Social integration of young migrants in urban contexts through cultural place-making.

Art of Belonging



The aim of the Art of Belonging project was to understand how to lessen the impact of social isolation experienced by young forced migrants who have newly arrived in cities in different European contexts. It brought together city leaders, artists, and researchers from two European cities: Nottingham in the UK and Lund in Sweden. Their interest was in understanding how to enable young refugees and migrants to build connections with their new place such that they could go on to lead lives of meaningful engagement in their city.

Working with arts and cultural organizations within these urban spaces is a proven way of integrating disenfranchised groups. While forced migrants are unable to bring physical artefacts from their past with them, they can carry memories and associations of arts and cultural practices. Socially inclusive city arts and cultural institutions can powerfully utilize these. They are also therapeutic and social spaces where past trauma can be safely explored. Art provides a connection to place, but also provides opportunities for social connections that enable the formation of a sense of community in a place. In so doing, participation in arts and cultural activities which acknowledge and build on the experiences and skills of the new arrivals acknowledges that through the arts, integration can become a two-way process between the incomer and the host community.

Research Question

How can place-specific arts and cultural initiatives help young refugees to develop a sense of belonging, and increase participation in the civic, social and cultural life of their new cities?

Research Approach

This concern relates to identity formation, but is also coupled with the development of skills, social connections and cultural capital that young people are able to mobilise as they become cultural citizens in their new cities.

A central feature of the project design was the concept of the Cultural Rucksack, a programme for arts and culture for young people (Christophersen et al 2015) in which participants are invited to visit and participate in a variety of activities and metaphorically ‘fill’ the rucksack with place-significant cultural experiences. The AoB project extended the conceptual understanding and application of the Cultural Rucksack to support the integration of young forced migrants within their new urban spaces and create opportunities for dialogue with local residents. The aim being reciprocal change for the young person, the community and the arts and cultural institutional base of the city. Arts practitioners made use of multiple arts and cultural forms to engage participants over a 10 week period alongside visits to culturally significant places within the city. This included arts spaces and places that become meaningful because of their popularity for residents who have grown up in the area.

Project Aims

The goals of the research were to facilitate integration through cultural participation by:

  • deepening understanding of the role of arts and cultural place-making in fostering social belonging for new arrivals
  • establishing a set of principles for city municipalities to draw upon when working with arts and cultural institutions in programmes intended to foster social belonging and connectedness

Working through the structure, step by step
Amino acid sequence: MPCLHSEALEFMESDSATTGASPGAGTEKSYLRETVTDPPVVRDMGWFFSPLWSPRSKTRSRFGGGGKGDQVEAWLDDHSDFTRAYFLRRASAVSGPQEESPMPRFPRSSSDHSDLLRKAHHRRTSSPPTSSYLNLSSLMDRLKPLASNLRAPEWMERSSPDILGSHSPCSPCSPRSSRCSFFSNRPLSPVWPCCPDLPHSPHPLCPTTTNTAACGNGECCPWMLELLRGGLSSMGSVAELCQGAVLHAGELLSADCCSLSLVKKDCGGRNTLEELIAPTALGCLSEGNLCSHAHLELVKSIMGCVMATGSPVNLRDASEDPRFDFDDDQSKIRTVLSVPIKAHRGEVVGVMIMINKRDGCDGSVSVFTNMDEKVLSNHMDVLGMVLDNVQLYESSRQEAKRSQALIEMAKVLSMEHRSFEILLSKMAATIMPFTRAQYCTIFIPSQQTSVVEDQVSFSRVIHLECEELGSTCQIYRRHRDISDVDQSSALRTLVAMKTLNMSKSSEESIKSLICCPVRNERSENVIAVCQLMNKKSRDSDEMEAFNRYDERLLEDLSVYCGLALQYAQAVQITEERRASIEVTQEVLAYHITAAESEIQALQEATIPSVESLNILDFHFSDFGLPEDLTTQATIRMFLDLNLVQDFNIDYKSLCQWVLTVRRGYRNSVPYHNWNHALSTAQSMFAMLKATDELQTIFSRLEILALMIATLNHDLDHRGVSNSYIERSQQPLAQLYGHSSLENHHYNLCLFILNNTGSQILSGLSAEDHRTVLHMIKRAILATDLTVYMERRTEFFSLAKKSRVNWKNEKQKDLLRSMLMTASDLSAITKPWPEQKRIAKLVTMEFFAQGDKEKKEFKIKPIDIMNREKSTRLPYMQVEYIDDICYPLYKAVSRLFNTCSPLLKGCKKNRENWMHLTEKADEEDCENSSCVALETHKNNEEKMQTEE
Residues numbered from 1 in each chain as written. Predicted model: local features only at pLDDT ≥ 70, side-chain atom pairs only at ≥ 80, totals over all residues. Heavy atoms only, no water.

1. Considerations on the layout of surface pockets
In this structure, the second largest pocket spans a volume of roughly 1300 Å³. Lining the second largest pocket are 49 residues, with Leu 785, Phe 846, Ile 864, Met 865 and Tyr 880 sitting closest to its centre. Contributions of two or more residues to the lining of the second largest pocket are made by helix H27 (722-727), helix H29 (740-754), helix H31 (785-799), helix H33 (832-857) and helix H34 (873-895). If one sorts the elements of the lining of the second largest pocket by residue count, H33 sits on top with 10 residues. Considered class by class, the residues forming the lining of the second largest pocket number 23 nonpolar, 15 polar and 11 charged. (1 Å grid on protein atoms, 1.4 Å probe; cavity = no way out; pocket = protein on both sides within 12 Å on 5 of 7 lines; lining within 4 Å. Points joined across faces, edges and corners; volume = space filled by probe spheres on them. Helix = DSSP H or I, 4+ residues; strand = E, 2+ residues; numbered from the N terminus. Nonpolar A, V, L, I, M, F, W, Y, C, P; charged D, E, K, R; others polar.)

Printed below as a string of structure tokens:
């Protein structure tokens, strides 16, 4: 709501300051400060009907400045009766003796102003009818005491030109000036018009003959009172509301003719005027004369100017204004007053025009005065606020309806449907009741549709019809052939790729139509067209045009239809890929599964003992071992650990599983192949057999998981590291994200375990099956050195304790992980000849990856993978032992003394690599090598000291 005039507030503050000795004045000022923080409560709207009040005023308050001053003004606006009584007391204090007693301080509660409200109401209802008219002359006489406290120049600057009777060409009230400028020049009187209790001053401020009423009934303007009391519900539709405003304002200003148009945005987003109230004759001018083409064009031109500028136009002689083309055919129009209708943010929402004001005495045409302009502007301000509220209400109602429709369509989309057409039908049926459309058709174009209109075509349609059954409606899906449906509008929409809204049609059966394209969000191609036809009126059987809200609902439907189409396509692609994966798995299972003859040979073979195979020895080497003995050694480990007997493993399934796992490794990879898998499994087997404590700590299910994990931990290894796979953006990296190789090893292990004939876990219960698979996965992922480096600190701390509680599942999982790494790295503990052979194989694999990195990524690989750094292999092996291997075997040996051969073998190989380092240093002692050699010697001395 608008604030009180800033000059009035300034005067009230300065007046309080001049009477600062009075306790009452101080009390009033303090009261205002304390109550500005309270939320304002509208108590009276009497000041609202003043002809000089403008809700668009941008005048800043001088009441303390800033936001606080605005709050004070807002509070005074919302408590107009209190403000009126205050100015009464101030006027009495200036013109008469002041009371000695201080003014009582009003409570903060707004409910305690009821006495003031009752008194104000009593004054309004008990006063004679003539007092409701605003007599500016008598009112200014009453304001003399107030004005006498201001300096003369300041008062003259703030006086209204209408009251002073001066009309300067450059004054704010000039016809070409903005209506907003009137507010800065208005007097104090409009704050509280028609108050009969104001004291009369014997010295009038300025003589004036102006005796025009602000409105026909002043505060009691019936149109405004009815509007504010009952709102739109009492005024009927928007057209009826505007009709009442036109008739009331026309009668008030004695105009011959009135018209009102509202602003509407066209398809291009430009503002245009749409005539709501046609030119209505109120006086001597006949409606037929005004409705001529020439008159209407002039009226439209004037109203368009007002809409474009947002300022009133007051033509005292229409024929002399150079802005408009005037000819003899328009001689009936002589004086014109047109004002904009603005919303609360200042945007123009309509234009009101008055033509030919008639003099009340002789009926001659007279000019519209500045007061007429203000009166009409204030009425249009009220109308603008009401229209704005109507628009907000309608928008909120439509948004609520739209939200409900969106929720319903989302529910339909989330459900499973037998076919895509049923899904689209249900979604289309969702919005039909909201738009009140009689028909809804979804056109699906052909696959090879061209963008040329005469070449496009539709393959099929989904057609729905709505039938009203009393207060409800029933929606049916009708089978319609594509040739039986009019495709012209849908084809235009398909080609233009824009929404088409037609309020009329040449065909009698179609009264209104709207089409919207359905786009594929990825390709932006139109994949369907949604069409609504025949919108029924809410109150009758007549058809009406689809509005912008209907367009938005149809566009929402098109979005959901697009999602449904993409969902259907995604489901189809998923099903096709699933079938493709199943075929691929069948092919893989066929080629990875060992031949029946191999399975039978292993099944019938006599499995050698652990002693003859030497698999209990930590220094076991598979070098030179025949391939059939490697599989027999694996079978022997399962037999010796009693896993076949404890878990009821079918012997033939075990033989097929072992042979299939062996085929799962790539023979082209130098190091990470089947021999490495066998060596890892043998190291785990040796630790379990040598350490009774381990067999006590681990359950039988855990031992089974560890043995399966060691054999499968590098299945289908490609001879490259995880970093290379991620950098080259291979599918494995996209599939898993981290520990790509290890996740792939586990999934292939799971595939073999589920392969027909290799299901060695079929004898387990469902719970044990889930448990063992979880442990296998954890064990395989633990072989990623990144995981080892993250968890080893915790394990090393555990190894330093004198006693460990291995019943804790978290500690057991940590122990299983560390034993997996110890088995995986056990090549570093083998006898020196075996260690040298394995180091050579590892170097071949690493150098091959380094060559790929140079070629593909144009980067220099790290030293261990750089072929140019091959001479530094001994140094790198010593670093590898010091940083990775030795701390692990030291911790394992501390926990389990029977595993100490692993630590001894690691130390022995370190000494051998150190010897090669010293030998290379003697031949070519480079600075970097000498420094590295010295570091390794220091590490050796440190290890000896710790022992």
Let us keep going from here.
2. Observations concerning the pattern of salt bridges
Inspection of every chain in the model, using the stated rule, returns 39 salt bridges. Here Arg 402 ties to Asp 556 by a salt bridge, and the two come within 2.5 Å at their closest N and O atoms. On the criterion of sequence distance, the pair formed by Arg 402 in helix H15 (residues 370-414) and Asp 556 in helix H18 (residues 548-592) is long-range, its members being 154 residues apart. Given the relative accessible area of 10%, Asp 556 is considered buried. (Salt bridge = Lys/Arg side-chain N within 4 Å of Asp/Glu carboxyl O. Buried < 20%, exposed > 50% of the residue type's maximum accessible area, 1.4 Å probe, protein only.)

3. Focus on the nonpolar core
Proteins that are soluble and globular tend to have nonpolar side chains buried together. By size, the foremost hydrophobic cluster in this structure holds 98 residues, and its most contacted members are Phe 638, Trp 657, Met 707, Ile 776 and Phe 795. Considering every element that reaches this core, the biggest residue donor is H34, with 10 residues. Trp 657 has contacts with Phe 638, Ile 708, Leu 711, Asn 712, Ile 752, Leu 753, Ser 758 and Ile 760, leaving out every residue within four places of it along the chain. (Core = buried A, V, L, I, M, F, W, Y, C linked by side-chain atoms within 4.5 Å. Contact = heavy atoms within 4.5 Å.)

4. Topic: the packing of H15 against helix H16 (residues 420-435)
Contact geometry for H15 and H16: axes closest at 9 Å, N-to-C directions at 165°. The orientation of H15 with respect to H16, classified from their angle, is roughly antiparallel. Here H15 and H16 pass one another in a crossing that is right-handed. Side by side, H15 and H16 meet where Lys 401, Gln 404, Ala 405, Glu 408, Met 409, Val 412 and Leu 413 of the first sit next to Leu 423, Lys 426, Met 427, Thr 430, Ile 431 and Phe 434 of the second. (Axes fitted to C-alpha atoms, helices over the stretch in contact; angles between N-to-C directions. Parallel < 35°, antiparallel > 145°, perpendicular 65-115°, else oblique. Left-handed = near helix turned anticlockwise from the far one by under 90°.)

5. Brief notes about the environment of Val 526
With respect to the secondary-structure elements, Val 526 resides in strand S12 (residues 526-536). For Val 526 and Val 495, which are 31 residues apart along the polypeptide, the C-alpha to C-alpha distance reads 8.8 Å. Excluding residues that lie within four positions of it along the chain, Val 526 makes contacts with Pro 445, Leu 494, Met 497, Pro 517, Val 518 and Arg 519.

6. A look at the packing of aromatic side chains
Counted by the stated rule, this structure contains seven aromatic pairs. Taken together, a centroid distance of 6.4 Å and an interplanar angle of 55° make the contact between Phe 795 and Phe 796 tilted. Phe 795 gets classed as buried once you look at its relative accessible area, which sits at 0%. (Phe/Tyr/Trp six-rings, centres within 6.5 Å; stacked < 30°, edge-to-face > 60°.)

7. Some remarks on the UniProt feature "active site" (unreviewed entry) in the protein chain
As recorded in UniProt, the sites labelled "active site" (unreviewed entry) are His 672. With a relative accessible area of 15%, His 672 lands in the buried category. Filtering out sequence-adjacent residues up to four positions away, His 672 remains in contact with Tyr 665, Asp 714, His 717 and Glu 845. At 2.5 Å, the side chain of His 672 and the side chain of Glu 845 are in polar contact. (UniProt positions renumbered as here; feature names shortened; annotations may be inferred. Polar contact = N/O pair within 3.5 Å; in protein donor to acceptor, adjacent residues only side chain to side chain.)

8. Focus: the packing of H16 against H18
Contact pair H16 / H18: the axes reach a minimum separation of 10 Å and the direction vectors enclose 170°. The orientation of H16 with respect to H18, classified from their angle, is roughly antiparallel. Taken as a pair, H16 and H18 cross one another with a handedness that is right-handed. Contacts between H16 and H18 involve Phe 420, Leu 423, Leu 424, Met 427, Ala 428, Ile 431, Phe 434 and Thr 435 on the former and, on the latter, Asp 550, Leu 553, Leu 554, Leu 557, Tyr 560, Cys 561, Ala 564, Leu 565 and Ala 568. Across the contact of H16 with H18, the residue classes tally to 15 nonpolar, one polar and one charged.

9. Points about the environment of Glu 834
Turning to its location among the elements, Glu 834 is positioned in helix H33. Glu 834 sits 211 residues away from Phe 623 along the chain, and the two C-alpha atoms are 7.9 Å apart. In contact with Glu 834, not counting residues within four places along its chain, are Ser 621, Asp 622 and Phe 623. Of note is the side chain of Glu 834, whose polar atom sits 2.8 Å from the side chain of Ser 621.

• extending the concept of the Cultural Rucksack as a mechanism for framing social and cultural engagement for new arrivals in urban spaces and generating affordances that recognize their capabilities and aspirations
  • developing virtual exhibition spaces to enact the digital right to the city across cities
  • exploring comparatively what ideas can or cannot be transferred across contexts
  • portfolios that enable migrants to articulate their aspirations and demonstrate their capability to enhance future work/learning and citizenship
  • connecting problem holders, local actors and researchers within and across urban localities
  • establishing infrastructure that enables sustainable on-going knowledge sharing across the three cities and beyond to other urban migration destinations in Europe.

It was based on the premise that participation in the arts can enhance place-making and encourage social belonging.

The Nottingham strand of the project culminated in The Art of Belonging exhibition at the New Art Exchange gallery in Nottingham. The Lund strand of the project culminated in The Art of Belonging exhibition at the museum Kulturen. The young participants, many of them unaccompanied children, worked with artists and the city’s cultural venues to consider what it is to ‘belong’ in their new city.

Research Findings

Findings speak to issues of integration, representation of youth, and the role arts and culture can play in individual and collective mental wellbeing.
The research discovered a distinctive signature pedagogy underpinning the ways in which artists work successfully with young new arrivals who face considerable challenges as they try to learn to adapt to life in their new context. It also revealed that much of the existing support for new arrivals in our cities is dependent upon a network of often unseen and unrecognised connections within our communities.

Members of the public were overwhelmingly positive about the potential attributes and contributions of young new arrivals when they were given the opportunity to meet and engage with them in their visits to cultural venues in the city and in the final public exhibitions.

In conclusion, the cost-effective programme reduced social isolation, increased positive mental health, and broke down barriers between new arrivals and their host communities.

Art of Belonging